October 2 - John Adams on Samuel Adams
(& not the Beer) 

​December ​11- ​
An (​​eventual) end
to war with France

John Adams’ presidency was marked by two unwanted difficulties: the rising and crystallizing of political parties, and an undeclared war with France. The latter was made much more difficult by the former.

More from John Adams:


"​I transmit to the Senate, for their consideration and decision, a convention, both in English and French, between the United States of America and the French Republic, signed at Paris on the 30th day of September last by the respective plenipotentiaries of the two powers.

J​ohn Adams, letter to the Senate, ​December ​15, 1​800

​Being the President of the United States ​after ​George Washington is a less than enviable position. Adding to the difficulty is the rise of political parties - factions that were not even considered in the Constitution. (One of the reasons for the Twelfth Amendment to join the party.) John Adams serves in the highest office of the country with his second in command, his potential successor, not only disagreeing with him on the nature of federal government, but also a figurehead of the opposing political side.  

Adams and Thomas Jefferson were neither one particularly pleased with political parties, much less being seen as the primary figure in one. But they both leaned toward the fundamental principles of "their party." Adams believed strongly in a centralized government, a key thought of the Federalist Party. Jefferson viewed Federal government as limited in power, with states as a fourth branch to the Federal three. Such was the ideal of the Democratic-Republicans. This made things complicated for President Adams with his administration's second difficulty:

War with France.         (Well, ​almost.​)

France was waging war on England, because, you know, 18th century Europe... The French presumed America would help: ​Come on mes amis, ​we helped you; you help us! ​But like an old Facebook relationship, "it's complicated."​​​

With the French alliance during the American revolution, there was an understanding that America would stand with France in times of conflict. Then came the Jay treaty, which signaled American neutrality in European wars. America felt safer to stay out of French entanglements because their original treaty was with French ​monarchy​, and with the royal heads quite literally separated from power, those treaties didn't count. ​​​​​​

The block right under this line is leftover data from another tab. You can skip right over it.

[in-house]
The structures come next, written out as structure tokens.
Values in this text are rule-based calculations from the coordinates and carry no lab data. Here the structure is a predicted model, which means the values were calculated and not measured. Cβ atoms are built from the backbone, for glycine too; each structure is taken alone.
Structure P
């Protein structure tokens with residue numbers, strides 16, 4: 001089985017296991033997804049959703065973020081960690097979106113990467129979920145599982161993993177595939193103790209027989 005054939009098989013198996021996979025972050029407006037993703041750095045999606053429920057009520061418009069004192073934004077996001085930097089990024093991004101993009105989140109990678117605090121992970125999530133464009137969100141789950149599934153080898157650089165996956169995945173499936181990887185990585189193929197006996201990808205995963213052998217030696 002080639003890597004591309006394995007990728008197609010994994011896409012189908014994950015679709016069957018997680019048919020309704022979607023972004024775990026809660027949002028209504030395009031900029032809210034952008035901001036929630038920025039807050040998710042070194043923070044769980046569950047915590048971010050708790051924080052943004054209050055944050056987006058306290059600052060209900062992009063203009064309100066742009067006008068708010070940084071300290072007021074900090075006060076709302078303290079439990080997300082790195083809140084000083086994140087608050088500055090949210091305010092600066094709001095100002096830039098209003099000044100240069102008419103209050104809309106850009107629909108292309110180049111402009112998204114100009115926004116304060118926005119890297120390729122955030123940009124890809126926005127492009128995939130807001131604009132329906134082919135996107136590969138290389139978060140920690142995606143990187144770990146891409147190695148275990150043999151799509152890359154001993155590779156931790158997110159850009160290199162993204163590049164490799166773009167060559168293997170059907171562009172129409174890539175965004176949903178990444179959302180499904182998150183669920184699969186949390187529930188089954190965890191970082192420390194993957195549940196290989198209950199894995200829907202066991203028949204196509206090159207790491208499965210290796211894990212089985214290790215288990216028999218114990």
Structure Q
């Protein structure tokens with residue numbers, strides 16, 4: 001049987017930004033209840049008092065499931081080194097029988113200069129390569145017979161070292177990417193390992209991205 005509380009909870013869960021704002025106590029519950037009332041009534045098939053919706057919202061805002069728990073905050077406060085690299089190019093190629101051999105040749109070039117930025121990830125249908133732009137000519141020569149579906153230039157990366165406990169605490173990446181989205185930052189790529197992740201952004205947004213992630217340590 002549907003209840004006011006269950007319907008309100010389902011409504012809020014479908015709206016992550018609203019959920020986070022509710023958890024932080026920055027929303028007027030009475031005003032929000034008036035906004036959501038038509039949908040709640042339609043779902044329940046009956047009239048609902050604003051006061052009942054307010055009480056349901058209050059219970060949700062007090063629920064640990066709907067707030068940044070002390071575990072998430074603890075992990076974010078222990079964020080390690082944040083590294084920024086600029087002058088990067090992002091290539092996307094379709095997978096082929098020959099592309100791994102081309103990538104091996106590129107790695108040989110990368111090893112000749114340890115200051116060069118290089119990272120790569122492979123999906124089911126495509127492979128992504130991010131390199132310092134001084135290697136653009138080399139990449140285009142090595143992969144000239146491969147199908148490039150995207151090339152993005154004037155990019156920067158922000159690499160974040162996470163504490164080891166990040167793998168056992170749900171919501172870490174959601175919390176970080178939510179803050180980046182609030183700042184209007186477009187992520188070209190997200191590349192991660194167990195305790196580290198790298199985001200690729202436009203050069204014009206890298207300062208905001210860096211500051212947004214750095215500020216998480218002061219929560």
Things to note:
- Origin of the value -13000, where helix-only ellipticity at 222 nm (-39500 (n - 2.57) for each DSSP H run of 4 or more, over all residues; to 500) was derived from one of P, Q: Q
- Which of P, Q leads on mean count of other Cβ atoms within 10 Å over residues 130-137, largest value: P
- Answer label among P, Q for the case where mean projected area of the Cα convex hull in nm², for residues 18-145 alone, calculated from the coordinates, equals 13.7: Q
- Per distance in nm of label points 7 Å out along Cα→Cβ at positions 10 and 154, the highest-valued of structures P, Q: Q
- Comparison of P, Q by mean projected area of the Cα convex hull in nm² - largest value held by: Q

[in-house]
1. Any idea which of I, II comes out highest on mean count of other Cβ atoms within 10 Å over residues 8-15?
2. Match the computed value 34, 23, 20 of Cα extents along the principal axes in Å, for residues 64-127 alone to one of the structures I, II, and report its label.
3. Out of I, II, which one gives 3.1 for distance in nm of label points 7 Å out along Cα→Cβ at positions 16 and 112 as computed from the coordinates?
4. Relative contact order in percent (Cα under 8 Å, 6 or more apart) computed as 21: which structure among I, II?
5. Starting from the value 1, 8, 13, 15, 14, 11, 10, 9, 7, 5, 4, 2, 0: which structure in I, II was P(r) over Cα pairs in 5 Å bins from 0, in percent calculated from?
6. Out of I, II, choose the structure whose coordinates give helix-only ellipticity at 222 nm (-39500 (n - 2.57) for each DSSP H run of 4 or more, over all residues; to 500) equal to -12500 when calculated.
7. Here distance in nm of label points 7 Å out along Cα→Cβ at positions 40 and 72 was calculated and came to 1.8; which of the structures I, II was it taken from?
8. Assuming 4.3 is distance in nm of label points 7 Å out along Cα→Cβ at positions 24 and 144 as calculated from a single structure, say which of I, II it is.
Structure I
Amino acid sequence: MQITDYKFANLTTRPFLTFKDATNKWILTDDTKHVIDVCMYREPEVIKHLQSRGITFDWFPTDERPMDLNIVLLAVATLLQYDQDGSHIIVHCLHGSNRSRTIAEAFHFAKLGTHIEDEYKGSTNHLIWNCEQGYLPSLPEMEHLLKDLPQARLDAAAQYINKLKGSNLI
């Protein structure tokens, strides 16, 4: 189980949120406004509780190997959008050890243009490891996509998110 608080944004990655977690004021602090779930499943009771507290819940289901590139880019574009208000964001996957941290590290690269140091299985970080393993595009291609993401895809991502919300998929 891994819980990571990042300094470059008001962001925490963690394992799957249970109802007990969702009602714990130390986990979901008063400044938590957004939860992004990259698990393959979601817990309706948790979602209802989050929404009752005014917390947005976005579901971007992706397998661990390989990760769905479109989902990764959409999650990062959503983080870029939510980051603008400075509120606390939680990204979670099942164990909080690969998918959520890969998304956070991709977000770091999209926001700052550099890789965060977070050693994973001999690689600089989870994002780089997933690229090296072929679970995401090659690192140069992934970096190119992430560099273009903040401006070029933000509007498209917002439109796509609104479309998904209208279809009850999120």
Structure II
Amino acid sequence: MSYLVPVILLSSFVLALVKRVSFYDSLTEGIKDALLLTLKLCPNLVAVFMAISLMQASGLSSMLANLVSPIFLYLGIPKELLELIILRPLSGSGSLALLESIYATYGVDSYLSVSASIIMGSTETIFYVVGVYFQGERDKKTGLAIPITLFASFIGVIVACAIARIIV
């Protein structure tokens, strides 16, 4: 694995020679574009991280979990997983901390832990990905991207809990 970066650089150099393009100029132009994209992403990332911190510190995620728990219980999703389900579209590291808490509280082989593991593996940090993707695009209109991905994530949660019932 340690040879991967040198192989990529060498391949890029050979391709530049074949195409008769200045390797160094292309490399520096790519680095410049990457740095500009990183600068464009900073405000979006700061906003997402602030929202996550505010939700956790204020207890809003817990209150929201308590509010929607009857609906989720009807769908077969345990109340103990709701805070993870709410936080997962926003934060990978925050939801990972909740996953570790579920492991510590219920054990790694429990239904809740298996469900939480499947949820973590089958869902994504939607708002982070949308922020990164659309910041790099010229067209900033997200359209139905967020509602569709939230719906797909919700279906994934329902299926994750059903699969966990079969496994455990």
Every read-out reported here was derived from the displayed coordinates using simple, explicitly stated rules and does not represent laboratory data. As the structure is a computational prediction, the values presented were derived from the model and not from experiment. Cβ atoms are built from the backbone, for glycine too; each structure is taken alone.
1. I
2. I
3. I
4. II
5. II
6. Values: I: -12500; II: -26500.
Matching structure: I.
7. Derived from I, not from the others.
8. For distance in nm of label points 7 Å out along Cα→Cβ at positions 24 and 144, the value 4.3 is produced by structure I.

And the French got mad.

But the French could not really afford to operate two wars at once. So while war was officially declared with England, with America--not so much. But where they could, France took pot shots at American vessels, captured cargo and crew, and then there was the infamous X-Y-Z affair, where American ambassadors would not be able to proceed in their duties unless they paid "tributes" to their French liaison.

And the Americans got mad.

United States citizens who cheered French  uprising as their "sister revolution" now were crying out for French blood. Federalists throughout the capital (Philadelphia at that moment) wanted war. Democratic-Republicans did not like the violent outcries, and did not think the Federal government should declare it.

And Adams sided with both sides. And with neither.

​The President prepared for war, bolstering the U.S. Navy (it had been essentially disbanded since the Revolution), and forming a new standing army with George Washington in command (although his second, Alexander Hamilton, called the shots). But Adams also ​sought to send a new ​peace commission, after reports from his son John Quincy that France was willing to negotiate.

And none of it was easy. Hamilton and his Federalist allies thought the U.S. could use a good war. Jeffersonian Democratic-Republicans held up the peace commissioners' travel to France.

But ultimately, John Adams knew what the country needed, and what it did not. America was in no shape, fiscally or physically, to endure another war. The French were ready to stop the "quasi-war" that they could not afford either. Peace was reestablished, at Adams' urging - but the electoral college voted him out before news of peace reached the people.  But Adams knew of the good he had accomplished - even if it was not well known, or possibly even liked.

John ​Adams

to James Lloyd,

January 28, 1815.

I wish not to fatigue you, with too long a Letter at once: but, Sir I will defend my Missions to France as long as I have an Eye to direct my hand or a finger to hold my pen. They were the most disinterested And meritorious Actions of my Life. I reflect upon them with So much satisfaction that I desire No other Inscription  on my Grave Stone than “Here lies John Adams who took upon himself the Responsability [sic] of the Peace with France in the Year 1800.

About the Author

The "founding father" of Historic Experience. Peyton is an actor-historian with over 15 years experience as a John Adams and Theodore Roosevelt interpreter, impersonator, speaker, or whatever descriptor speaks to you. Peyton Dixon is based in central New Jersey and travels across the country bringing American history to life.